It seems an age now but it was only September when I spent six nights in Amsterdam. The main focus of the trip was the Borefts Bier Festival at Bodegraven but the extra days made it possible to do a little more travelling around.
In fact I only had one serious day out but it was a bit of a belter. I'd been to Nijmegen before but, like many places in the Netherlands, the beer scene has been transformed in recent years.
The largest city in Gelderland province, Nijmegen is about an hour and twenty minutes on the train from Amsterdam so is easily do-able for a day trip. It would probably repay an overnight stay as there is quite a bit to see - as you might expect from what is the oldest city in the Netherlands which celebrated its 2,000th birthday in 2005.
The tourist office has a handy city tour walking guide which will take you round most of the sites ending up at the few remains of the Valkhof, a monumental castle-cum-palace built by Charlemagne and largely demolished by the city authorities in 1796 - two chapels remain. In fact much of the city is quite new as it was badly bombed by American planes in 1944 - in error, as they thought they were over Germany at the time - so many of the 'old' buildings are in fact expert reconstructions. The cramped, and historic, housing of the Old Town survived the war but was demolished by the city council (which clearly has historic form here) in the 1960s.
Part way round the walk you'll come to the Stadsbrouwerij de Hemel , one of the oldest brewpubs in the country, having been founded in 1983. Located in a 12th Century cloister and comprising brewery, museum and cafe, it's a pleasant place to loiter for lunch and the beers are solidly well-made. While you are there you may consider picking up bottles of the barley wine Nieuw Ligt and its barrel-aged companion Grand Cru. Later on, check out the 16th century Brouwershuys (Brewers' House) on Steen Straat.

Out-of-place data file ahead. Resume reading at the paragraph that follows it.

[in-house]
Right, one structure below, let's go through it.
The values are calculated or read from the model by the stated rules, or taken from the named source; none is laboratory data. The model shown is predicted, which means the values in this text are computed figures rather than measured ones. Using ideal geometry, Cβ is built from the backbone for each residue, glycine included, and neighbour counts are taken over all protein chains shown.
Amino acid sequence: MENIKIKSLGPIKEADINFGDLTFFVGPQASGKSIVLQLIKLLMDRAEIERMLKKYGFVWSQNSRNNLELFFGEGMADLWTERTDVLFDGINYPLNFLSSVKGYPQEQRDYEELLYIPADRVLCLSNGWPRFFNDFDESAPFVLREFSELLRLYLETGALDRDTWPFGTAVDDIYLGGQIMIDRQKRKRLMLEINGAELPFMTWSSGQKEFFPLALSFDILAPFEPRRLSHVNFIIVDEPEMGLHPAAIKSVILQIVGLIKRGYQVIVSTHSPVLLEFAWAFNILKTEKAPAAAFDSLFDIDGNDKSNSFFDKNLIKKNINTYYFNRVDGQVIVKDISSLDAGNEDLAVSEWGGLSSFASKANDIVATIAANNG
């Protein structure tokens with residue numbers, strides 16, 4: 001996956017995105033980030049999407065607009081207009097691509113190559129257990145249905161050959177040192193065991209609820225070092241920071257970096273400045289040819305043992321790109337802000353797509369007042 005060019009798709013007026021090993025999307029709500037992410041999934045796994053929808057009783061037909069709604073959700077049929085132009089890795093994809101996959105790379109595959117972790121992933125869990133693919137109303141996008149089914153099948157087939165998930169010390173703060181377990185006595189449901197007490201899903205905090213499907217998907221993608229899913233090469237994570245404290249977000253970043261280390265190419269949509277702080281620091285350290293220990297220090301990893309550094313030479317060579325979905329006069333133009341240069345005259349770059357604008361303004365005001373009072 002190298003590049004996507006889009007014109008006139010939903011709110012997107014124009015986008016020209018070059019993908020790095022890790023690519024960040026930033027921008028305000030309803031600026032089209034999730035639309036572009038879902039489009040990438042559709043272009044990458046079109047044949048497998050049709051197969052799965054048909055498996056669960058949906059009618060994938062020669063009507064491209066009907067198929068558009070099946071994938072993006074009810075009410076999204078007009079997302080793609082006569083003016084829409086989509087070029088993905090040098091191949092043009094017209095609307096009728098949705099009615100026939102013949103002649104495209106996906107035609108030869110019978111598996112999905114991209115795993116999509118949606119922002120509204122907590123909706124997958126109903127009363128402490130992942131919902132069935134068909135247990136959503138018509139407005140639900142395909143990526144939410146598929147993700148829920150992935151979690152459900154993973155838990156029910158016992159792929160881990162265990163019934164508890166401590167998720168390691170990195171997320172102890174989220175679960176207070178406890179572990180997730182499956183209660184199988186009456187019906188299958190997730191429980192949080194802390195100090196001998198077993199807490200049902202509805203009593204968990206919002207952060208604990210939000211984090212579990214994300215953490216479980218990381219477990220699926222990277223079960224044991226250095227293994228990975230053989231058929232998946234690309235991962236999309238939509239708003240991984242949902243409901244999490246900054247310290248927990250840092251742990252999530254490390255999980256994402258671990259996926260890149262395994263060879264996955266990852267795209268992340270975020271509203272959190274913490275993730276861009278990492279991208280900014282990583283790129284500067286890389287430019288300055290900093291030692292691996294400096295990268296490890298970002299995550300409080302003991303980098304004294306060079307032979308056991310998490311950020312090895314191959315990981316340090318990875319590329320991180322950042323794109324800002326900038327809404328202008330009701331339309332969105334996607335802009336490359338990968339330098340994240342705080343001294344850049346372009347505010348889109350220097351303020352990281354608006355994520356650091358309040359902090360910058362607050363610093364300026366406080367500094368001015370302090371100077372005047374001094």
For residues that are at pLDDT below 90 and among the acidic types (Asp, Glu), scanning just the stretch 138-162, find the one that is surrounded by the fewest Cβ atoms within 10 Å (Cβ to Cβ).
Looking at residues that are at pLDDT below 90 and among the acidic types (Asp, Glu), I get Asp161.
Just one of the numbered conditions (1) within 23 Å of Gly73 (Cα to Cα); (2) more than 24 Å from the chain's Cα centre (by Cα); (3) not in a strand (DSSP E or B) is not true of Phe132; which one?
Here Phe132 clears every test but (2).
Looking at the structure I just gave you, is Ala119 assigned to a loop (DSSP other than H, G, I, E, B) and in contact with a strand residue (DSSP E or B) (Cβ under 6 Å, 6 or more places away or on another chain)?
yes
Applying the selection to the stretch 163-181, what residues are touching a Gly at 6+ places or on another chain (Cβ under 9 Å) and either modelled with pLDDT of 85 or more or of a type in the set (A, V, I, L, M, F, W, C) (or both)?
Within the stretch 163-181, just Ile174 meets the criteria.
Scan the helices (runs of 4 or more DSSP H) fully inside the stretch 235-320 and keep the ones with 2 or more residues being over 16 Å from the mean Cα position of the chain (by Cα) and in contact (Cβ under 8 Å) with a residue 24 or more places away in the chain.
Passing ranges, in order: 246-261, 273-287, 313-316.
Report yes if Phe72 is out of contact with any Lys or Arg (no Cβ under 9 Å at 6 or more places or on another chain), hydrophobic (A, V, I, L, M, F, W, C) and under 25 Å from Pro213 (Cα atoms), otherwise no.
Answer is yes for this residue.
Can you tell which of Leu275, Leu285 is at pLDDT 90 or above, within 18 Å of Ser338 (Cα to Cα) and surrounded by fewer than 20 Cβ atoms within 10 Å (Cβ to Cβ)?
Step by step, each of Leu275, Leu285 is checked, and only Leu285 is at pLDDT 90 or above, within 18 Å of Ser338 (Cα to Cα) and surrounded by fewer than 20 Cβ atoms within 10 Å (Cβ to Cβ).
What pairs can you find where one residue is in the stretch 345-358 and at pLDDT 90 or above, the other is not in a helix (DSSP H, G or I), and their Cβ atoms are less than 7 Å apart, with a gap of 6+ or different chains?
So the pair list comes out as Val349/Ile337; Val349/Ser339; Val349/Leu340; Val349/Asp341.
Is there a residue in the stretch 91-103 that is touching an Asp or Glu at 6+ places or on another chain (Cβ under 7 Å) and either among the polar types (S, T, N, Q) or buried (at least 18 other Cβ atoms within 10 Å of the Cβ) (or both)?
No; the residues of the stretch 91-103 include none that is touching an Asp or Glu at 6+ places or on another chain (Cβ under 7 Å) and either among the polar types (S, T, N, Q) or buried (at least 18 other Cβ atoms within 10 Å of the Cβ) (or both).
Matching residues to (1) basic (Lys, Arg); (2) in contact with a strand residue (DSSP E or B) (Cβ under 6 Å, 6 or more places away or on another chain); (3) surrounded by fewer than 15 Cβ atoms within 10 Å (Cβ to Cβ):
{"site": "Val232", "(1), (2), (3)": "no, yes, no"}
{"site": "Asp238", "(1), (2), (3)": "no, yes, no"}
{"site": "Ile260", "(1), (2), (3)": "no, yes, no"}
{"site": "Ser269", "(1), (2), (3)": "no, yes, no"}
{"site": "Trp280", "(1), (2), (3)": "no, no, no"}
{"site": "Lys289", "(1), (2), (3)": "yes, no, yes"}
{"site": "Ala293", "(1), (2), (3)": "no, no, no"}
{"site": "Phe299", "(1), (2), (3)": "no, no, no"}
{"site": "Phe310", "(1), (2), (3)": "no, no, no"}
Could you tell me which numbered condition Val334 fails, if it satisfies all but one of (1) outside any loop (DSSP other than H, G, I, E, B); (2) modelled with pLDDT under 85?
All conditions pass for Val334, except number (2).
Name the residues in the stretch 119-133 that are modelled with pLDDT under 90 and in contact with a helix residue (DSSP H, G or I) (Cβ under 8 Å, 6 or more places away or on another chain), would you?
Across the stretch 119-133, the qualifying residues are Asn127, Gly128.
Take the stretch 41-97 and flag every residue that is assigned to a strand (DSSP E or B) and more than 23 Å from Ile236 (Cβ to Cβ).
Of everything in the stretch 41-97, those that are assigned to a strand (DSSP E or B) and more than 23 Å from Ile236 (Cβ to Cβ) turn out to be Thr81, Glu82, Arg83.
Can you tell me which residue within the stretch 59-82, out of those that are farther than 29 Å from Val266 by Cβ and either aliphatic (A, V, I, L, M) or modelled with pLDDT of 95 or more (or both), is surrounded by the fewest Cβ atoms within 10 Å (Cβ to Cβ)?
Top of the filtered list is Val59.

Once that's all out of the way it's down to business. Apart from de Hemel (and anoher very small operation, I am told), Nijmegen is home to two of the most interesting breweries in the Netherlands. These are Oersoep and Nevel Artisan Ales - both have taps attached so a visit is well worthwhile. The Oersoep tap, Stoom, is the longest established and has its own website here .
I've known Oersoep owners Sander Kobes and Kick van Hout (picured above) for some time and a conversation with Sander in August (at the excellent Van Moll Fest in Eindhoven) led to my invitation to visit.
Getting there involves a trip into suburbia. Catch the no. 5 bus (in the direction of Tiberiuslann) and get off at Merwedestraat. The best place to catch the bus is probably Centraal Station although I picked it up on Nassausingel not far from the tourist information. Once you've got off, stay on the same side of the road and walk in the same direction as the bus until you come to Dijkstraat on the right. Go to the end, walk up the small flight of steps and across the road you'll see the large Honigcomplex - a disused food factory. Turn right, go right round the back and keep on - you'll come to a number of independent businesses among which is Oersoep and its Stoom cafe (the actual address of the brewery is Waalbandijk 14D).